Even as I’m rejoicing in the early success of “rung one”, I’m already plotting to move them up to “rung two”. One of the great things about kids is that as they get older they get more independent. There was a time when I had to do everything for D and P because they were incapable of doing anything themselves. Those days are long over. D and P are both very capable lads, a fact that I remind them of often. They still loved to be served and catered to but more and more I am saying “no” to that. I won’t always be around. They need to learn to fend for themselves.
I don’t prepare breakfast for the boys anymore. They don’t catch the school bus early so there’s no reason why they can’t help themselves to something simple in the morning. I make sure that there are a lot of easy options on hand for them. I also don’t make lunches for D and P. They have hands that work and can put together sandwiches as easily as I can. I keep a good supply of meats, cheeses, fruits, veggies and snacks in the kitchen specifically with them in mind. I also don’t make an after school snack for them. They know what they’re allowed to have and not allowed to have before dinner. They are aware of what they can help themselves to and what they have to ask permission for to eat. I also don’t make anything for the guys after dinner. If they’ve eaten well and are still hungry, they can ask for permission to eat certain comfort foods. They must prepare those comfort foods though and no matter what or where they eat, my expectation is that they would clean up after themselves.
This is where we have pebbles. D and P both like to carry their food to wherever they decide their next activity is. They often forget to bring their dishes to the sink like I’ve asked them to. There are three main areas where I find dishes in our home – by the computer, by the television and in the boys’ rooms. When I call them to account, arguments often break out. Each one swears that the offending dishes were not left there by him. I’m not fond of donning the judge’s wig and going to court over these misdemeanors and disagreements. I’m fond of an easier way.
The last two years I homeschooled, I bought the boys colour coded supplies. D had blue pens, blue erasers, a blue pencil case, a blue ruler, blue duotangs, a blue binder…well you get the idea…his stuff was blue. All of P’s things were green. This really cut down on the “He stole my ruler” accusations and the “No, it’s my pencil. No it isn’t, it’s mine” arguments. It’s amazing how much time we saved when we didn’t have to spend even a moment deciding what things belonged to which child. It also quickly revealed who was guilty of not caring for their things. Can’t find your ruler? Too bad, so sad. Now you have to waste play time looking for it and still do the measuring assignment.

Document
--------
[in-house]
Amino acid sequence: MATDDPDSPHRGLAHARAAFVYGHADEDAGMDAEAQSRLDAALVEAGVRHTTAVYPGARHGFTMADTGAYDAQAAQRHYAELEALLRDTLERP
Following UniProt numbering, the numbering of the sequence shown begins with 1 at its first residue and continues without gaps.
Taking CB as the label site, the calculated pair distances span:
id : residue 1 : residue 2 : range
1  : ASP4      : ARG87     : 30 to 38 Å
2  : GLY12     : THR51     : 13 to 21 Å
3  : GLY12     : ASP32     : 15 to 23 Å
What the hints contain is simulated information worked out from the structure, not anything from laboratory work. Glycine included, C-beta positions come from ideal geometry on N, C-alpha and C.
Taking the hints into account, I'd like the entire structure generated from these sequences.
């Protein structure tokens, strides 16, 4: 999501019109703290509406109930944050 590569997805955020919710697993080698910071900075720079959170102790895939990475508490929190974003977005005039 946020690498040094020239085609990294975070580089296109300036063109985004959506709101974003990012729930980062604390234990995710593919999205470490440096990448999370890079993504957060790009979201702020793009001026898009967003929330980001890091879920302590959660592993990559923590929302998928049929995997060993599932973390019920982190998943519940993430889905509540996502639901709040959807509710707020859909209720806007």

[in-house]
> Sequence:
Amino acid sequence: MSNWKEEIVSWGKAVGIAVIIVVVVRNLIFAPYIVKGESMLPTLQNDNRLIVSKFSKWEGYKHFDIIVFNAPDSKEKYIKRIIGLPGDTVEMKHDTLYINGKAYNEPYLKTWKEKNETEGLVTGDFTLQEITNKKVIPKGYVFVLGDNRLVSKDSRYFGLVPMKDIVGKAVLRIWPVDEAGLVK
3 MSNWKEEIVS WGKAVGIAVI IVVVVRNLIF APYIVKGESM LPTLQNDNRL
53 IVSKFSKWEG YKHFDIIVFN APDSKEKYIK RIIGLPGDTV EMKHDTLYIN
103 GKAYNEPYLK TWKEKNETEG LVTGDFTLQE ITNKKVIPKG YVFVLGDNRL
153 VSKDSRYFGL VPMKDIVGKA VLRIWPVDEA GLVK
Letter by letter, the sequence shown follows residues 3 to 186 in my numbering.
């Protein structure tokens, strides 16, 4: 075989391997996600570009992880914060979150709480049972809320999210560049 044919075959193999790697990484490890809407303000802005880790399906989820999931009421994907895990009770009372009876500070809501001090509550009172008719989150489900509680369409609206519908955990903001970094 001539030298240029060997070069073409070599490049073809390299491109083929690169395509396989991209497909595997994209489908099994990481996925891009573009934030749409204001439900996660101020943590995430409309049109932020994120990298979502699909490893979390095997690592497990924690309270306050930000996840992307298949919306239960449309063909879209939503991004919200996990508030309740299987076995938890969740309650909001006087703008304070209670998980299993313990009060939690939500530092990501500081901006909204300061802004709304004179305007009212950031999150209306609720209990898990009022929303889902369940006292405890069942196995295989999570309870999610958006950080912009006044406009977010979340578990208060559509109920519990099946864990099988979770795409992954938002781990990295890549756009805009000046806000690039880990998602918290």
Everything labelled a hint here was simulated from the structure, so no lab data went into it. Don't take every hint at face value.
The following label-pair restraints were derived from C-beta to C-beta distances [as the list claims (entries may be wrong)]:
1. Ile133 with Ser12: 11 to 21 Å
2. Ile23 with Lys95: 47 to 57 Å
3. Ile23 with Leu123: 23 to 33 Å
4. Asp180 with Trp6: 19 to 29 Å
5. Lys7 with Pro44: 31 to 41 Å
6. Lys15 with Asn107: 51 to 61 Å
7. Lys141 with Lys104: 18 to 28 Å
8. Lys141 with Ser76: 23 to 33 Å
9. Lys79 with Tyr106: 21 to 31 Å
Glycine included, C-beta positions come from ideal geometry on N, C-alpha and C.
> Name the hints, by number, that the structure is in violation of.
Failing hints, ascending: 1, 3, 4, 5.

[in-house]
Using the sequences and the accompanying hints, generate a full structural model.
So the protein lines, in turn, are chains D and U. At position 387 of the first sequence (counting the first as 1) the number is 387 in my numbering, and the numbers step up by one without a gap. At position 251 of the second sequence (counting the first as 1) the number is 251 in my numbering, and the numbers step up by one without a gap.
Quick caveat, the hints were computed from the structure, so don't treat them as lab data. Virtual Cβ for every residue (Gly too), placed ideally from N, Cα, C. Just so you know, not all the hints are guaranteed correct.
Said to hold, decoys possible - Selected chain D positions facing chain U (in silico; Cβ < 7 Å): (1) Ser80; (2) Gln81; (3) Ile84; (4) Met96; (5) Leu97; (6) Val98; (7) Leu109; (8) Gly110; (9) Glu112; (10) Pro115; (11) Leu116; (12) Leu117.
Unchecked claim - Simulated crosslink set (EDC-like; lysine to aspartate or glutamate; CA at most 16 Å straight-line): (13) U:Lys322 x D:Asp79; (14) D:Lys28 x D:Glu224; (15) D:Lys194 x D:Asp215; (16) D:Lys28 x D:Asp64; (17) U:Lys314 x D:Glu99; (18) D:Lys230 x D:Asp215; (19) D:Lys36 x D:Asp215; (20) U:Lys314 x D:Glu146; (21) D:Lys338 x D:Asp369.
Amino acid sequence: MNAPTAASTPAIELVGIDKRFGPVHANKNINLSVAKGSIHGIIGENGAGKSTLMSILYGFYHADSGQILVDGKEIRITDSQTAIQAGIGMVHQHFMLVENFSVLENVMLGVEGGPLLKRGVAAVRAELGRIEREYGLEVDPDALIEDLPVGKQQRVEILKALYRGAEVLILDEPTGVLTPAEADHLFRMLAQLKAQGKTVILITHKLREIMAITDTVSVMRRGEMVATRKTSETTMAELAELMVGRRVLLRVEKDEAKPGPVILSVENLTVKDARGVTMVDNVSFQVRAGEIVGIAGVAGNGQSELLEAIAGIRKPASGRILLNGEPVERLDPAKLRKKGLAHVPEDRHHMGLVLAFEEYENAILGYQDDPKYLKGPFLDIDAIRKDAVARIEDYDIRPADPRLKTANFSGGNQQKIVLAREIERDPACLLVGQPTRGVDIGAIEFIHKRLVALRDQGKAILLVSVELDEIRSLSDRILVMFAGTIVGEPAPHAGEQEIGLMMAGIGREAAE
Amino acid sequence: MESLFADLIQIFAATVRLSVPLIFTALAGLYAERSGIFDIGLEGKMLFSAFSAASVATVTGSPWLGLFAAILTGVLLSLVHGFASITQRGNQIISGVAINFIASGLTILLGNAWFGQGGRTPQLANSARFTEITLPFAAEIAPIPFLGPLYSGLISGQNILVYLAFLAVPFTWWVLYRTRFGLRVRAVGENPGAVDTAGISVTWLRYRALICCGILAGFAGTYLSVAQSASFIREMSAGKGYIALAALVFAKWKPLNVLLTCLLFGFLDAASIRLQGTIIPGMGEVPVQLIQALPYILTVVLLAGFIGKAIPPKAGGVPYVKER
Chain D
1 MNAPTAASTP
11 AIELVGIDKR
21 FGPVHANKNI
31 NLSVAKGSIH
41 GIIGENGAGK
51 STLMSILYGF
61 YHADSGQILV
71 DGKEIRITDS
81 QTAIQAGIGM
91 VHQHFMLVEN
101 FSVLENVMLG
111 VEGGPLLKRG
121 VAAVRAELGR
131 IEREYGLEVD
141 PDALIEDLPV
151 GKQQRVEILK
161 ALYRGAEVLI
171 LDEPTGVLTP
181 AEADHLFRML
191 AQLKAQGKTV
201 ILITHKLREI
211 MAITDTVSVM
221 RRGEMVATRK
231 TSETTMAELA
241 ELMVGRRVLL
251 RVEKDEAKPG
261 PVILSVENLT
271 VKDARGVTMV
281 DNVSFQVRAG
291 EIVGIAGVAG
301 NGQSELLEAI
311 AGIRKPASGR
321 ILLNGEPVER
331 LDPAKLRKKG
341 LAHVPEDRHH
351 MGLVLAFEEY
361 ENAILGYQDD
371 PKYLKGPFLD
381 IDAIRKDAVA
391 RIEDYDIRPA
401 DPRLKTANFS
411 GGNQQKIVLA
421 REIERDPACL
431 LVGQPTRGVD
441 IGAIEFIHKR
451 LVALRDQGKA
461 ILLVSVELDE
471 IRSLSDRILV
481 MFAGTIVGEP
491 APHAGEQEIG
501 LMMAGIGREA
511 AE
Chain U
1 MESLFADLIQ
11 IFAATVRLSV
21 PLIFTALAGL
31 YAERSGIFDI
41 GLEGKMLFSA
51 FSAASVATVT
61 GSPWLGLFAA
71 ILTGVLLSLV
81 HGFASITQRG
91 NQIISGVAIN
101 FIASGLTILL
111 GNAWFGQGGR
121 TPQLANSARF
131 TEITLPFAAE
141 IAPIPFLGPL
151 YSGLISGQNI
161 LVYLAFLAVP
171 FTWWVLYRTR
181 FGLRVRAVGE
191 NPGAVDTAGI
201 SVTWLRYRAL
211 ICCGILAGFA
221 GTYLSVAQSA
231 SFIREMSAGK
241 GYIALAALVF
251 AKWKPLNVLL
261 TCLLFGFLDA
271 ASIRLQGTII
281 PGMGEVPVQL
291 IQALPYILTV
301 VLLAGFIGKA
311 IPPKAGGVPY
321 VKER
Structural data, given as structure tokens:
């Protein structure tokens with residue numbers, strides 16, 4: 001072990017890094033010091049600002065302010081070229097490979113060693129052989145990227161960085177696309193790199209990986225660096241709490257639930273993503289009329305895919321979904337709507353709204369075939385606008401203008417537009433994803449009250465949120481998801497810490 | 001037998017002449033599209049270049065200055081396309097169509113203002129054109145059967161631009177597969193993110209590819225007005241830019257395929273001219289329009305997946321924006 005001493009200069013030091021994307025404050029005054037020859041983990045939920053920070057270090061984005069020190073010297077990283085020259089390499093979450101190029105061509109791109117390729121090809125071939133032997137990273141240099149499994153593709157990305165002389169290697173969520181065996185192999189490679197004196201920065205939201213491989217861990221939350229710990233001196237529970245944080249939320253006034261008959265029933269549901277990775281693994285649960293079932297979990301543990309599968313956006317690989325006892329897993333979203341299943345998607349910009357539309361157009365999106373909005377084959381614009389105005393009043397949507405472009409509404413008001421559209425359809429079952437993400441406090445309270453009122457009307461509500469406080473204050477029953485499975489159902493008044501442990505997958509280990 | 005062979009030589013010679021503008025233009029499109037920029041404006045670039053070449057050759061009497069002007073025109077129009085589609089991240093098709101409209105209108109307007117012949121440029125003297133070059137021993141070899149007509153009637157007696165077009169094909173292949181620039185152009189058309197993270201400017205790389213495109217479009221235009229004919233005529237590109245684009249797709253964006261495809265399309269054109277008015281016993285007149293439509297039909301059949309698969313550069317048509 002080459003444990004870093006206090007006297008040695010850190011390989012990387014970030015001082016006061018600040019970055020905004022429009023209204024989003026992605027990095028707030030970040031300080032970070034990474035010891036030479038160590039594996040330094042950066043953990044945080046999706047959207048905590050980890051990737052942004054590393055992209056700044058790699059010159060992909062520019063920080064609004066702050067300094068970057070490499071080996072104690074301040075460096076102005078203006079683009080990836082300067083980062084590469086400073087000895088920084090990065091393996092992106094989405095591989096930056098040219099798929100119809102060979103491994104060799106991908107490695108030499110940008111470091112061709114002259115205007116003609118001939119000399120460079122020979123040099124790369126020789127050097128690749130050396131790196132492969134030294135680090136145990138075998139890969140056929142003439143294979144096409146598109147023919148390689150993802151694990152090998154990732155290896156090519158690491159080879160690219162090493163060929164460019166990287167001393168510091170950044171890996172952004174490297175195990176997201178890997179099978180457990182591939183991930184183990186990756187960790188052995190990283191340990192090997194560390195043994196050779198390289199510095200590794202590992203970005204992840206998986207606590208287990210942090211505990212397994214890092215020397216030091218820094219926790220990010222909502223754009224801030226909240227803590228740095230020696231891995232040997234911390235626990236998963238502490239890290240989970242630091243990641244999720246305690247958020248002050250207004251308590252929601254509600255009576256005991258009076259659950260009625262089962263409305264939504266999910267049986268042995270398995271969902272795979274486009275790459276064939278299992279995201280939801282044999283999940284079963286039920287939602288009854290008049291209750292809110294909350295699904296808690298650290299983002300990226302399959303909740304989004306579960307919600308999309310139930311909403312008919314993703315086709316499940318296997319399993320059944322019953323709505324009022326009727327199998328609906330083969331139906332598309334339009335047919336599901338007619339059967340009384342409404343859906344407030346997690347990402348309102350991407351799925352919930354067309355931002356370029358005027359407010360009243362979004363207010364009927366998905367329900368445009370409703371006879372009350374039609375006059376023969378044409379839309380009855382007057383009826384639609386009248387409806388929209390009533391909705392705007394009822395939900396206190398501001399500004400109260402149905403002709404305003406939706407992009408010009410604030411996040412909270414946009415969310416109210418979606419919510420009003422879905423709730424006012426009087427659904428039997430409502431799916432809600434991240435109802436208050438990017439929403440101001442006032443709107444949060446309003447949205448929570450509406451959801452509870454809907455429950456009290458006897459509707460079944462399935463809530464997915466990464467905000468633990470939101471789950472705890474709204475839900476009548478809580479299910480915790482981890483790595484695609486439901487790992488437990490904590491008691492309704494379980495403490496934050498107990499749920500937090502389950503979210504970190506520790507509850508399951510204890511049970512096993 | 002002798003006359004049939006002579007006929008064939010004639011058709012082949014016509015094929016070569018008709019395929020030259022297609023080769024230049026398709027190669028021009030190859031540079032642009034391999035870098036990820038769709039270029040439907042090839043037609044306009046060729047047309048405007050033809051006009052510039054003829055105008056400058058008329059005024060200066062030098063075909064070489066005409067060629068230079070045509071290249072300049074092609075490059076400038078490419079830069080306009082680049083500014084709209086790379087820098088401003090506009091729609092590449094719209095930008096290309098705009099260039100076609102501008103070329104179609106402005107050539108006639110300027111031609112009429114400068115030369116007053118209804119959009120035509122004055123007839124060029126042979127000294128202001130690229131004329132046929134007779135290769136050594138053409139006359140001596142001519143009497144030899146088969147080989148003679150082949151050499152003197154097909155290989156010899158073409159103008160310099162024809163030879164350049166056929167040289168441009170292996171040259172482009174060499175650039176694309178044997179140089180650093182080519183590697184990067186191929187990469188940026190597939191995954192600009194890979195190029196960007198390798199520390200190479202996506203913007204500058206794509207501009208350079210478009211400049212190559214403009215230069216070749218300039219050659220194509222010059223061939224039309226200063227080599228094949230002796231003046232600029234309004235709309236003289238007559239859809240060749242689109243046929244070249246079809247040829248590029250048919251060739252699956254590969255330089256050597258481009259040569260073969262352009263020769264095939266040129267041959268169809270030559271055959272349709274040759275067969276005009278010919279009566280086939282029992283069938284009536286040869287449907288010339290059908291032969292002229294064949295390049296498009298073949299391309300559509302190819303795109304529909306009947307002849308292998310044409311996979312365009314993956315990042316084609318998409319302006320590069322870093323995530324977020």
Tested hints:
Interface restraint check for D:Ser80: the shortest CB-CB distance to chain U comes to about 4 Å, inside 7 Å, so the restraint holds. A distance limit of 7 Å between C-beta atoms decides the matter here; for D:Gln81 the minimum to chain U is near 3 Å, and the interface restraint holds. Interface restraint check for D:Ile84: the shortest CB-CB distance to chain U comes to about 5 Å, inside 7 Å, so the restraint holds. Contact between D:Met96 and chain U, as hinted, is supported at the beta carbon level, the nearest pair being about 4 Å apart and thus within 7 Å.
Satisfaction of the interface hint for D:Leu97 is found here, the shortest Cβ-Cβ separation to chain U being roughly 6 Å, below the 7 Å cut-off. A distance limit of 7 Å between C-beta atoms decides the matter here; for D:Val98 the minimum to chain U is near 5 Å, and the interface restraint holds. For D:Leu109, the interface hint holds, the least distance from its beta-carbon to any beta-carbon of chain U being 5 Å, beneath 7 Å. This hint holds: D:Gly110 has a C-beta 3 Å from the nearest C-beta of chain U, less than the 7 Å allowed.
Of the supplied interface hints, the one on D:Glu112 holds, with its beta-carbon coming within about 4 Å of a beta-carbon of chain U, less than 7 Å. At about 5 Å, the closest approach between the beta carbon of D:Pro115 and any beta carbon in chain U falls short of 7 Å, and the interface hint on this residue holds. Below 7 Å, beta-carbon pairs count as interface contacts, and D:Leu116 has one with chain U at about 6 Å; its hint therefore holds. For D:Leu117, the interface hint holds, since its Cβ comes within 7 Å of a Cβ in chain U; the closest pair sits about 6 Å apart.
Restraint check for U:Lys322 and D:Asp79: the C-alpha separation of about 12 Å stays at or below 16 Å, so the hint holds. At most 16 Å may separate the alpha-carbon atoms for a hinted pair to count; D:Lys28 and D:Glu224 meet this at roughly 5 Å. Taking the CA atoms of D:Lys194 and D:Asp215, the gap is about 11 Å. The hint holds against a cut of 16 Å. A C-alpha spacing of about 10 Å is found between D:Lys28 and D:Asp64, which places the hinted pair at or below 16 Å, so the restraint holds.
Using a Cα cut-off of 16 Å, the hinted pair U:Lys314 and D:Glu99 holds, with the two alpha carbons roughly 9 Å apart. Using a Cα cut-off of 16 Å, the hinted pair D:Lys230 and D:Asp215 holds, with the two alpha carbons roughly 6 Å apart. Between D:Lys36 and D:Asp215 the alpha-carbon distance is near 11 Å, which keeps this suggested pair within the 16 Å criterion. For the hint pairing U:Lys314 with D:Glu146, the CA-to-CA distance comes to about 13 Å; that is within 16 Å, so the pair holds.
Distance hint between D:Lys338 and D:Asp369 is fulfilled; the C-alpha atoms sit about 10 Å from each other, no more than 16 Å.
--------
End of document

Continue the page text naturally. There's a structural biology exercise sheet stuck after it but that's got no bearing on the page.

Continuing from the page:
Since the colour coding worked for school supplies, I figured it might also work for dishes and cutlery. I’d be willing to invest a little money to get better habits in D and P. If I can, I’ll get some blue plates, bowls, glasses and cutlery for D and some green ones for P. They will be expected to use these dishes for when they prepare themselves food. I will have to decide a time when I want all the dishes to be in the kitchen sink for. Inspection will take place and the guilty will not only have to haul their dishes to where they should have been, they will also be awakened a half hour early in the morning to do all the dishes in the sink, including drying them and putting them away. We are a family that eats at home and there are always a good amount of dishes in the sink. The same penalty will apply if I catch either boy using the wrong dishes. D and P understandably are not fond of doing dishes so the consequence will be a good deterrent.
The hardest part of moving to “rung two” will be remembering to faithfully do inspection and being diligent to get the guilty up a half hour earlier than usual for consequences. The good part is that now we are not a one-parent family. DA will like the “rung two” phase and I know I can trust him to remind me and help me do my part of the agreement. I still have to find those special dishes and go over this with DA (I’m very confident he’ll say “yes” to part two of the plan) and then explain it in full to D and P but as Hannibal used to say on “The A Team”, “I love it when a plan comes together.” Yeah. Life always feels better when a plan comes together.
In between boys, marriage, work and running a house, I sometimes indulge my artistic side. Here’s my latest accomplishment:
The colours on this latest “masterpiece” really are fantastically bright. It was such a pleasure to work on it when everything outside is so terribly dull and when most of my house is riddled with pebbles (LOL!)